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Old 01-08-2009, 09:04 PM
 
Location: Miami-Jax
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Why would you choose to look at CSAs instead of MSAs?
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Old 01-08-2009, 11:54 PM
 
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Yes, if anyone wants to look up the info on MSA's, it would offer the advantage of being able to compare all metro areas, not just those which are part of CSA's.
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Old 01-09-2009, 09:41 AM
 
11,182 posts, read 22,403,520 times
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Quote:
Originally Posted by Mr. Answers View Post
The biggest news here is that Detroit managed positive growth.
Like it has since it was founded a few hundred years ago.
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Old 01-09-2009, 10:42 AM
 
Location: yeah
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No shock that they're all cheap...
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Old 01-10-2009, 11:22 AM
 
Location: New Albany, Indiana (Greater Louisville)
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I didn't use MSA's because it splits up urban areas that to men should be in one piece.

Is it really fair to say that Riverside CA is bigger than Cincinnati or Nashville? Is West Palm Beach really bigger than Louisville or Birmingham? Is San Jose really bigger than Cleveland? To me all those are part of a larger city's metro area.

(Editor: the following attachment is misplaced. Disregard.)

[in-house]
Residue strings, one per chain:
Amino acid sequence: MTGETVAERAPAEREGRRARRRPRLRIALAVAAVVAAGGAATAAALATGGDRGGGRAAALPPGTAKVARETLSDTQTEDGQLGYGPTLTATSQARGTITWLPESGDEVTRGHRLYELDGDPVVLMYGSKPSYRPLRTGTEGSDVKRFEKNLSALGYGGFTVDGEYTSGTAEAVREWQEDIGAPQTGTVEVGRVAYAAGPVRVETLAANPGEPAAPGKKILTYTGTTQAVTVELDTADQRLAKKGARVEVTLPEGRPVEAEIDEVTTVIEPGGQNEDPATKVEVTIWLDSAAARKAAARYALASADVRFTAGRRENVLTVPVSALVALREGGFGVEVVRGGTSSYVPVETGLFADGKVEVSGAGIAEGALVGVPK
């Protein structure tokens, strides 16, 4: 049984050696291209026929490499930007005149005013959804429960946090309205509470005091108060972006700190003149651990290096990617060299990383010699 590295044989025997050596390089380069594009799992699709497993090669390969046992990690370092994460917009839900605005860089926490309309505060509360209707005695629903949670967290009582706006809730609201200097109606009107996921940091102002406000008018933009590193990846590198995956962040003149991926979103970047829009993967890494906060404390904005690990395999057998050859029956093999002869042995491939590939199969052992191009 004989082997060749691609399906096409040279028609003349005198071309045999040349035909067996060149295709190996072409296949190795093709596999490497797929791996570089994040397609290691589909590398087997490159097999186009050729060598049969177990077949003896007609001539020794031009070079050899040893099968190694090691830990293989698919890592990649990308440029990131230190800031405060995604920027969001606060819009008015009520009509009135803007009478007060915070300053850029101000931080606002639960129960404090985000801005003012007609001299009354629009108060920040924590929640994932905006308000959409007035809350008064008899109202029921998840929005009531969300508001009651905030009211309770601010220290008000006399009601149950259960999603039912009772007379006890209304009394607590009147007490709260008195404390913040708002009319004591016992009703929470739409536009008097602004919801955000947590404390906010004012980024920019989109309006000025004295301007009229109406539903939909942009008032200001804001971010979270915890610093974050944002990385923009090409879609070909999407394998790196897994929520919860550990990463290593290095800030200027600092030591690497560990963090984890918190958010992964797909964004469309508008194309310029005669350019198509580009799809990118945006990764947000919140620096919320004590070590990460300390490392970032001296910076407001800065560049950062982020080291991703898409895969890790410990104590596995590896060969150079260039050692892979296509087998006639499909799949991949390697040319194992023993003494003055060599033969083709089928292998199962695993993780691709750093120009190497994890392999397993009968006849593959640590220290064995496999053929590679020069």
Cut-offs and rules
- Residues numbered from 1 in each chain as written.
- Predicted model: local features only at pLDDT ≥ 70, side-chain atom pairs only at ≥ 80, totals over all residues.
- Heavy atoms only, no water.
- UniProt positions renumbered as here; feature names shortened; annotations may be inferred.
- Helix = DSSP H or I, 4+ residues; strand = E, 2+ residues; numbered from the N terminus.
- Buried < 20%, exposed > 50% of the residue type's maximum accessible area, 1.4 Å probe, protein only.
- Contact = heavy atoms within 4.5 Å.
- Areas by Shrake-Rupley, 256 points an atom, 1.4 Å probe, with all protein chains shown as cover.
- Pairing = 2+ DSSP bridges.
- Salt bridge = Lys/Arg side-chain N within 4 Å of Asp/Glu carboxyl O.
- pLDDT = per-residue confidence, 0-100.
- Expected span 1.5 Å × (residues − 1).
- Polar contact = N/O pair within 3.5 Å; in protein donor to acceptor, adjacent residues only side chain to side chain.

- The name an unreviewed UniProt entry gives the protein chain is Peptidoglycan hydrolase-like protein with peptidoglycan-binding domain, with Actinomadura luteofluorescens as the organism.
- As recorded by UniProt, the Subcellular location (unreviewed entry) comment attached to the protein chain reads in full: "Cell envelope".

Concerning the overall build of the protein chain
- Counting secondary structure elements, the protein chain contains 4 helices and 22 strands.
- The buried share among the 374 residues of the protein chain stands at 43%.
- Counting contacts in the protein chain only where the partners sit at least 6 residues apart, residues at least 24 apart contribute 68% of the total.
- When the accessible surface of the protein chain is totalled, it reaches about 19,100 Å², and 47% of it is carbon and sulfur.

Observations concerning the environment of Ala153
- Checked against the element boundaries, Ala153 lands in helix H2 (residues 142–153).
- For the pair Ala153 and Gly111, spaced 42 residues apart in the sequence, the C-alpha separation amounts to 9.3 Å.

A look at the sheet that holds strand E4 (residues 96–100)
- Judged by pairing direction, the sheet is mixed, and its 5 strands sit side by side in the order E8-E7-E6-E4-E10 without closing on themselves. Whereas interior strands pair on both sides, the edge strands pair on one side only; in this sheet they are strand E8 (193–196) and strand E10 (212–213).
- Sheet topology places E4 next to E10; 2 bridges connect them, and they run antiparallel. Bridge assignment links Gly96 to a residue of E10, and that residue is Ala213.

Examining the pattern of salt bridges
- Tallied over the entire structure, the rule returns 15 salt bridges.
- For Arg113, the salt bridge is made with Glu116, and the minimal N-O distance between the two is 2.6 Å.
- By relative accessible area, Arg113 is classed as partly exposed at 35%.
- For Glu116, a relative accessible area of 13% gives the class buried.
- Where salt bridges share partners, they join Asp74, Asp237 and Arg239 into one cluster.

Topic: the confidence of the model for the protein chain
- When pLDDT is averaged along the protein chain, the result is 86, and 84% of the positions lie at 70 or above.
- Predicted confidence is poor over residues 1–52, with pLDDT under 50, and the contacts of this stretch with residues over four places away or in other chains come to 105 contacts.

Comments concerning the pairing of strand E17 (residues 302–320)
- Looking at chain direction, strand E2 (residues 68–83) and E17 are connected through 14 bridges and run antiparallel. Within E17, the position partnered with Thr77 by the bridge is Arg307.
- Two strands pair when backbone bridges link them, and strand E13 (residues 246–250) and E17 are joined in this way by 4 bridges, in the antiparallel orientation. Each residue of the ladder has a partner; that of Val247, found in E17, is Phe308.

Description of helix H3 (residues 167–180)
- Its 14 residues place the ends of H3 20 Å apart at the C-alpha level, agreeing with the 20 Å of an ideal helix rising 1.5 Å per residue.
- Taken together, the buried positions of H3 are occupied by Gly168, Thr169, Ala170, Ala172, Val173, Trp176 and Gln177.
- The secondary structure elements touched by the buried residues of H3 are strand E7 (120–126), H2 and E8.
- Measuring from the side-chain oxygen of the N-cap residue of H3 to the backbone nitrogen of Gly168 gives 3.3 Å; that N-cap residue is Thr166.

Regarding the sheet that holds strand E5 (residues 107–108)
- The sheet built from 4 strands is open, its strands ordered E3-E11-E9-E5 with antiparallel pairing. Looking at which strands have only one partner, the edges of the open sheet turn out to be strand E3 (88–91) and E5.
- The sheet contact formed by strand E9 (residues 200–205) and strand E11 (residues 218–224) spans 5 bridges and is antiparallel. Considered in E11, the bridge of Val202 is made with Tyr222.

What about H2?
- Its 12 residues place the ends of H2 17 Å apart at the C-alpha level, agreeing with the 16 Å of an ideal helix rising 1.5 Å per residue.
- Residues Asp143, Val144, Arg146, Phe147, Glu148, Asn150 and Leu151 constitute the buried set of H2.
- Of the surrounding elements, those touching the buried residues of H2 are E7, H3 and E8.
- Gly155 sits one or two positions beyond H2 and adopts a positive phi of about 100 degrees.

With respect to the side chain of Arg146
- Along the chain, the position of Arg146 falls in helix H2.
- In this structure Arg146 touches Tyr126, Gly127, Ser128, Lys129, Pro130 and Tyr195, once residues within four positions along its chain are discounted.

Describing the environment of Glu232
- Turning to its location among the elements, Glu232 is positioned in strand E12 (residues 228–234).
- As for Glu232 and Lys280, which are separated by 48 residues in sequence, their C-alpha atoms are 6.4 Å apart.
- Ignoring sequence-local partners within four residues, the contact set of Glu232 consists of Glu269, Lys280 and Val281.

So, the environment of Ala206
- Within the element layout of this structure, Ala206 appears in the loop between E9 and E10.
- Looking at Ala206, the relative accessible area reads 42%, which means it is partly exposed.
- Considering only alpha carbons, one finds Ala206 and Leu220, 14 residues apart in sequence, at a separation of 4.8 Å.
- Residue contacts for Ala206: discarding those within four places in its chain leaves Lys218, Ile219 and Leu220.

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Old 01-10-2009, 01:37 PM
 
Location: Irvine,Oc,Ca
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This is not true where is Riverside-San Bernandino Metro its the 5th fastest growing metro in the u.s.Look it up if you don't believe me.
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Old 01-10-2009, 03:58 PM
 
Location: ITL (Houston)
9,223 posts, read 13,849,231 times
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Quote:
Originally Posted by projectmaximus View Post
Why would you choose to look at CSAs instead of MSAs?
Hell, why would you look at MSAs instead of urban areas?

Quote:
Originally Posted by californialove24 View Post
This is not true where is Riverside-San Bernandino Metro its the 5th fastest growing metro in the u.s.Look it up if you don't believe me.
Is it? I know it's behind Houston, DFW, Phoenix, and Atlanta, so maybe it is fifth.
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Old 01-11-2009, 05:24 PM
 
Location: Miami-Jax
6,320 posts, read 6,989,633 times
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Quote:
Originally Posted by censusdata View Post
I didn't use MSA's because it splits up urban areas that to men should be in one piece.

Is it really fair to say that Riverside CA is bigger than Cincinnati or Nashville? Is West Palm Beach really bigger than Louisville or Birmingham? Is San Jose really bigger than Cleveland? To me all those are part of a larger city's metro area.
I'm confused about your comment in a couple ways...

1) MSAs aren't supposed to split up urban areas. It is true that Riverside, CA is a separate MSA from LA, but West Palm Beach is part of the South Florida MSA with Miami, Ft Lauderdale, etc while San Jose is part of the Bay Area MSA with San Francisco, Oakland, etc. To you, they are part of a larger city's metro area, and the census bureau agrees. That's why they are officially part of the larger MSAs, lol.

Maybe you meant Urban Areas? You chose not to use "urban areas" for this reason? The MSA definition actually seems to be more in line with your objective here.

2) I think it is FAIR to say that Riverside is bigger than Cincy or Nashville. I mean, it actually is, isn't it? I understand your desire to lump the Riverside MSA with the LA MSA (it is, after all, the greater Los Angeles area) and I feel the same way. But when it comes down to it, the Riverside MSA is the 14th largest MSA in the country, independent of LA. It's not like LA's MSA numbers somehow artifically boost Riverside's.